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Choosing the Right Cat Litter

Choosing the Right Cat Litter

Choosing the right cat litter can be a bewildering task, given the range that is available!

There are several different types of litter, so it’s important to weigh up the options to make the best decision for your cat.

Here's what to consider.

Varieties of cat litter: what's the difference?

Cat litter is made with a range of materials, and they all have different pros and cons.

  • Clumping litter. This type of litter can be made of clay, or grain-based materials. It is highly absorbent, and soaks up urine, forming distinct clumps that can be easily scooped up and disposed of along with faeces, leaving the remainder of litter clean. As waste can easily be removed and the rest of the litter is still clean, clumping litter means fewer complete changes of the litter tray. Young kittens can sometimes mistake the lumps for food at first, but they do learn to make the distinction!
  • Crystal litter. This is made from non-toxic silicon crystals that are highly absorbent. It doesn’t generate dust and helps to reduce odour. Crystal litter is long lasting, but it can be hard on cats or kittens with sensitive feet.
  • Recycled paper litter. Pelletised recycled paper pulp is used to make this litter. It’s one of the cheaper litter options available, and is highly absorbent and can be composted. However, it generally doesn’t reduce odour, so will need to be changed frequently.
  • Wood pellet litter. This kind of litter is made from pelletised timber shavings. It is highly absorbent, and naturally deodorising. It is completely biodegradable and can be composted.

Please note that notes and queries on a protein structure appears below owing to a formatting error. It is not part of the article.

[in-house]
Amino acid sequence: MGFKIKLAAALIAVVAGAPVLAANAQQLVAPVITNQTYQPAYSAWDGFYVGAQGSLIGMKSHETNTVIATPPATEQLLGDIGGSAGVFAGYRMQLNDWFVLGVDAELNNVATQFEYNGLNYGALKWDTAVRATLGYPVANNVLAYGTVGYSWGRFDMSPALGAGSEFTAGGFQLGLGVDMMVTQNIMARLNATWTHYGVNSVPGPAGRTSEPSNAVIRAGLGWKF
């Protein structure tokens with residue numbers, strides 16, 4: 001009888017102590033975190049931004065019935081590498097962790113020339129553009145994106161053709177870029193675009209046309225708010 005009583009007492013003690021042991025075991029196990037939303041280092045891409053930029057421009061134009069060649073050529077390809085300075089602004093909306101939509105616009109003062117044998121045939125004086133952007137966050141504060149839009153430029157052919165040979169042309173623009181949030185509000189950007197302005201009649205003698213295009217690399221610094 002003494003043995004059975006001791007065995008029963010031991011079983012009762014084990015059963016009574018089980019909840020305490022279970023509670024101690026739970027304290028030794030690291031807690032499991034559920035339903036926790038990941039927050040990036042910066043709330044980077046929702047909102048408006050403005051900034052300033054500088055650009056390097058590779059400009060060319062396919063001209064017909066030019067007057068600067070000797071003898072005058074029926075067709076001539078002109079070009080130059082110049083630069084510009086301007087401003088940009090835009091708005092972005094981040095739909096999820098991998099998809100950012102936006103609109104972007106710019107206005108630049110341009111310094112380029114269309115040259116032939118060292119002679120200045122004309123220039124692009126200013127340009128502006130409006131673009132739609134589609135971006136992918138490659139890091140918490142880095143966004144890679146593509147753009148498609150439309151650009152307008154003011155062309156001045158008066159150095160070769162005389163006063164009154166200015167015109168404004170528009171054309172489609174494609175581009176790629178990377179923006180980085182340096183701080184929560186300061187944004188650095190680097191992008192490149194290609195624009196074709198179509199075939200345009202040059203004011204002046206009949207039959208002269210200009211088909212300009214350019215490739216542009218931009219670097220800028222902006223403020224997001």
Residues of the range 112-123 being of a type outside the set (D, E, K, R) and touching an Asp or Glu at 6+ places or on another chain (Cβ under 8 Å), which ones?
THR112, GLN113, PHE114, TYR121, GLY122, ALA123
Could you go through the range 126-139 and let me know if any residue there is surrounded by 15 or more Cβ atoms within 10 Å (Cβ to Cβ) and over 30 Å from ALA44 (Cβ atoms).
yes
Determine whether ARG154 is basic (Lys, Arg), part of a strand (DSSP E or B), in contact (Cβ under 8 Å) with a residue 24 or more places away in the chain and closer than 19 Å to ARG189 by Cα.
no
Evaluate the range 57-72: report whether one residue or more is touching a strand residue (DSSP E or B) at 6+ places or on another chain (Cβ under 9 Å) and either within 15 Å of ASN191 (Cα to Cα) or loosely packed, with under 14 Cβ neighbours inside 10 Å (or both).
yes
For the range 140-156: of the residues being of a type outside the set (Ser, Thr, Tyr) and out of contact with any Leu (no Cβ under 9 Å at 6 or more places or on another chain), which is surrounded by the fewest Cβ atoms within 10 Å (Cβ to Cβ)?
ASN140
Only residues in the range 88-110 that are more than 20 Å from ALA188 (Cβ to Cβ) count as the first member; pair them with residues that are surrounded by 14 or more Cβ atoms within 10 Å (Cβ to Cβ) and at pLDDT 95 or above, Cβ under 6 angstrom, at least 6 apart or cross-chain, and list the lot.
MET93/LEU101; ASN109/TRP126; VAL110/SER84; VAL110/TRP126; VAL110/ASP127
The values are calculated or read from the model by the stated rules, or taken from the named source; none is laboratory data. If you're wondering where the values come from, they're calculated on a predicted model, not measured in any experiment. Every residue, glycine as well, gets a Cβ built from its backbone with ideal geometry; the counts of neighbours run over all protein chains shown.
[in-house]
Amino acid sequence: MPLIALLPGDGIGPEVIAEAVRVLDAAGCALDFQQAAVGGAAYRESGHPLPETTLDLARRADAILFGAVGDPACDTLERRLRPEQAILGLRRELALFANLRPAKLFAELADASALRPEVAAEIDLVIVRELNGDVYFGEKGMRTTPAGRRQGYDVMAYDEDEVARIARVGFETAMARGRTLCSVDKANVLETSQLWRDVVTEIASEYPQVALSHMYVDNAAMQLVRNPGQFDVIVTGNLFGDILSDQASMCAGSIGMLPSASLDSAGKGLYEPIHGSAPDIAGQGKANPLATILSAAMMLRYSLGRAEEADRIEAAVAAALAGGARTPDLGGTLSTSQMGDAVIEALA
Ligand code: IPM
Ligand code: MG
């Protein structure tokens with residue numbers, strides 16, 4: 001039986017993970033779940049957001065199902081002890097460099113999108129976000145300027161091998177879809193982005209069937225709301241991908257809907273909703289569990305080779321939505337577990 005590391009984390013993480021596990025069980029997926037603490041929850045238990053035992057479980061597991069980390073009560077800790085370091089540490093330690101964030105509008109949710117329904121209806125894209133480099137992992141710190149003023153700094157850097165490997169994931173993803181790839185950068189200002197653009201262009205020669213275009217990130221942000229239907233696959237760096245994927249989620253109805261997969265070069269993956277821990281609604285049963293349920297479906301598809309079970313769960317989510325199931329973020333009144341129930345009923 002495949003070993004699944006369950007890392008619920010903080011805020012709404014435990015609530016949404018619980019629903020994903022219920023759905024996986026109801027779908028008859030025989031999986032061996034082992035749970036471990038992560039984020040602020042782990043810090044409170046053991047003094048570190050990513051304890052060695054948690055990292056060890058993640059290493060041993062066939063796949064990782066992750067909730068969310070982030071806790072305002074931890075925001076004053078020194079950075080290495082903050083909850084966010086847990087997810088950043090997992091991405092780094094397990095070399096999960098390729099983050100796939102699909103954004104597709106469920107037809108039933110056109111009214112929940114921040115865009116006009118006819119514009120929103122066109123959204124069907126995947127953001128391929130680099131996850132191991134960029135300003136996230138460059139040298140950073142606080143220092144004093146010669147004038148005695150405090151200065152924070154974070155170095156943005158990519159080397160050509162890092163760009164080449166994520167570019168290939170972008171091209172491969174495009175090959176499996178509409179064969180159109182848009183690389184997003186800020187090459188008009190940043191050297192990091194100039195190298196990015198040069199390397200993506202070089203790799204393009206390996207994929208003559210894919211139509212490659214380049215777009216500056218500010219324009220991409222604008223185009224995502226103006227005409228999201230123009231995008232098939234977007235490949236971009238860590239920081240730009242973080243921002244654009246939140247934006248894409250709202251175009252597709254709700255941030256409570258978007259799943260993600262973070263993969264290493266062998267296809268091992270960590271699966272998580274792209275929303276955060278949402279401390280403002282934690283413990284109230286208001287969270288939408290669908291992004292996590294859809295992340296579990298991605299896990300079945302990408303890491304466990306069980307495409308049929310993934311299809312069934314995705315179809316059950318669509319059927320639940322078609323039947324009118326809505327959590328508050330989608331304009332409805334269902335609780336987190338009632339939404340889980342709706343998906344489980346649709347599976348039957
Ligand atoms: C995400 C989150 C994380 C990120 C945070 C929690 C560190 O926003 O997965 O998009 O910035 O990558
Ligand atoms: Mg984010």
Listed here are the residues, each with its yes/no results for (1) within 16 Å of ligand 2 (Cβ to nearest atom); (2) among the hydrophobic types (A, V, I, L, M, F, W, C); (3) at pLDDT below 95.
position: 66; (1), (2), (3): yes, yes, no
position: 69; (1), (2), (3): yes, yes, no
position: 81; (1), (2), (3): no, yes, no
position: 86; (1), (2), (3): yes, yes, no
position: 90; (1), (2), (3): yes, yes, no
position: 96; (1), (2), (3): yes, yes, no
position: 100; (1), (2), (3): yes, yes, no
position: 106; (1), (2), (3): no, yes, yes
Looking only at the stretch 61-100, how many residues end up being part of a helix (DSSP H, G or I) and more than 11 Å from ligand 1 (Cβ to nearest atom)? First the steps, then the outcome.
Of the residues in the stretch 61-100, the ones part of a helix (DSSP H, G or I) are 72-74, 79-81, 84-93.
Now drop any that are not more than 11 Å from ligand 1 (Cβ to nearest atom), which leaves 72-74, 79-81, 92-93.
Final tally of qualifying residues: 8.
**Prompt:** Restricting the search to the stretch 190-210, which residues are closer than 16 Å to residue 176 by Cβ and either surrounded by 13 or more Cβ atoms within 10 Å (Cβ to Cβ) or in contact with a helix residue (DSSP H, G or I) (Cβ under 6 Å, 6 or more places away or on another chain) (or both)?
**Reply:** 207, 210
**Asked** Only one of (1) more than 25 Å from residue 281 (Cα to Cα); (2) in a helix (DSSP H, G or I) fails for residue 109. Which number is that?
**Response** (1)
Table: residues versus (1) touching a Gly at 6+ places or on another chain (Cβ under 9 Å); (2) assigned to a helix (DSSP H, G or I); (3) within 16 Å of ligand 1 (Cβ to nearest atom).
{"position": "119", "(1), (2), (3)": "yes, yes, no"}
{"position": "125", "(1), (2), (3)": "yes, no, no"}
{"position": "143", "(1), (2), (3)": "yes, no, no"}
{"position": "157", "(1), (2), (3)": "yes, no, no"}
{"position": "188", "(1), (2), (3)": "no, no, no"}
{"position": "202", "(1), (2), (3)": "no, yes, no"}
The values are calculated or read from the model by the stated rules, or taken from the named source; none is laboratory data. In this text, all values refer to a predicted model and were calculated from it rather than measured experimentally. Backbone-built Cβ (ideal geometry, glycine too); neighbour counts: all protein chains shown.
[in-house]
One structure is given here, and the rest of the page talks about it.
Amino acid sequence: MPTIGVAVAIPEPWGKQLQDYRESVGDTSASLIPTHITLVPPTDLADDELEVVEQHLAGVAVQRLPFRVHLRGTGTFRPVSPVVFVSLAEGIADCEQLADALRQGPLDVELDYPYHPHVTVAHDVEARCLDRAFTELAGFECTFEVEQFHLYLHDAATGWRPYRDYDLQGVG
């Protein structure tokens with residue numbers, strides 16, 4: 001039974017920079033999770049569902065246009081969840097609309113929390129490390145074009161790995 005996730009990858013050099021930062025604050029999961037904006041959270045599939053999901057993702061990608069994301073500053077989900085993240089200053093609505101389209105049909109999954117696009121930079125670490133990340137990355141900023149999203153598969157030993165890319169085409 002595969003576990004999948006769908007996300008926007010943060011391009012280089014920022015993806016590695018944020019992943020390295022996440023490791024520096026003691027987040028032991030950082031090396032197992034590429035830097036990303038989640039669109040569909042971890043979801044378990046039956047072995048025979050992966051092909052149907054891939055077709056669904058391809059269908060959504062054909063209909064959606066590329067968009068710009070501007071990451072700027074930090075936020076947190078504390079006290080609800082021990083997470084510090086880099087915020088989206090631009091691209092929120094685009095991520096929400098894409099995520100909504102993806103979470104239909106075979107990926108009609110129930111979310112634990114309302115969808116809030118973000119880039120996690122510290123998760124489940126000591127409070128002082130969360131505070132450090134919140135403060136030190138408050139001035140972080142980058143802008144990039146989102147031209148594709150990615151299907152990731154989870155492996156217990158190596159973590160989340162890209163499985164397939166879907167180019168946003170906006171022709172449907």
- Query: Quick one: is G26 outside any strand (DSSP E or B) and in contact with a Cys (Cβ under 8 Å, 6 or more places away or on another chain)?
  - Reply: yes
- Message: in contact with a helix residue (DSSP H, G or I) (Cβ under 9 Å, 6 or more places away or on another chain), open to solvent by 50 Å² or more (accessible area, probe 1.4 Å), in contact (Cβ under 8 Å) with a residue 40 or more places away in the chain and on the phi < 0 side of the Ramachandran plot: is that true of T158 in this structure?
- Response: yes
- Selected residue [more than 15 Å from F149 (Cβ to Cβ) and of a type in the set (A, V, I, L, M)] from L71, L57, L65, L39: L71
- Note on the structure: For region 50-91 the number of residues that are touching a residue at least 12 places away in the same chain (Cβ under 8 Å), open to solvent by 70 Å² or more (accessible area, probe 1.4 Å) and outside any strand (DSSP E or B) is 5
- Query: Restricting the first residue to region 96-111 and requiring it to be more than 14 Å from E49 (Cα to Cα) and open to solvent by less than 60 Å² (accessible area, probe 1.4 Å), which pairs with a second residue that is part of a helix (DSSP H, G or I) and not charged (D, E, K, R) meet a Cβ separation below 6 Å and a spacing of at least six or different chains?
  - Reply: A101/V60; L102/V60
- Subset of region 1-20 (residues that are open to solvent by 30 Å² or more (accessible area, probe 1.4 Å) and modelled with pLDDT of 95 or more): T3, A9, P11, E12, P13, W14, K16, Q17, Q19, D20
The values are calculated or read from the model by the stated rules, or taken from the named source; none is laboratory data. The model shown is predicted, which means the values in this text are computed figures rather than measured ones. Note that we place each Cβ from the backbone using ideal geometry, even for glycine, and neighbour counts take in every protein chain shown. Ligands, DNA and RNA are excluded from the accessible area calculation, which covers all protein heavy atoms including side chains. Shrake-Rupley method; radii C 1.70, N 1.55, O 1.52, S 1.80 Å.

How to get the right litter for your cat

Your choice of litter may come down to factors such as cost and convenience, as well as environmental concerns. Cats can also be quite fussy about which litter to use, for no clear reason!

A good starting place is to ask your breeder or rescue organisation what litter they recommend. Some may include a ‘starter kit’ to take home with your cat, others may not. But if you can, duplicate the litter that will be familiar for your cat as it starts life in a new place.

If you wish to change the type of cat litter, try and transition between one type and the new one gradually. If you have more than one litter tray, you can do this by putting the new litter in one tray to start. If you have a single tray, gradually add increasing amounts of the new litter until you’ve achieved a complete change over.

If you have more than one cat, you might find that some prefer one type, while the others have a different preference. In this situation, you need to be prepared to use multiple types of litter in different trays.

Choosing the right cat litter tray

The litter tray is the other important factor in a good toileting routine.

Cats are naturally clean animals, and by the time you get a new kitten, its mother will usually have taught it to use a litter tray. However, they can be quite shy about using it.

Locate your litter tray in a low traffic area, so your cat has a quiet place to toilet. Small kittens will need low-sided trays for easy access. As they grow, trays with high sides are better for containing the litter, depending on how much they scratch around. Covered trays with flap-style doors can be useful to minimise odour – and they also offer more privacy.

Cats don’t like to share litter trays. The general rule is to have one tray per cat, so as you add to your menagerie, you need to add another tray.

It might take a bit of adjustment, but having litter your cat is comfortable with and the right tray will go a long way towards avoiding toileting issues in the long-term.

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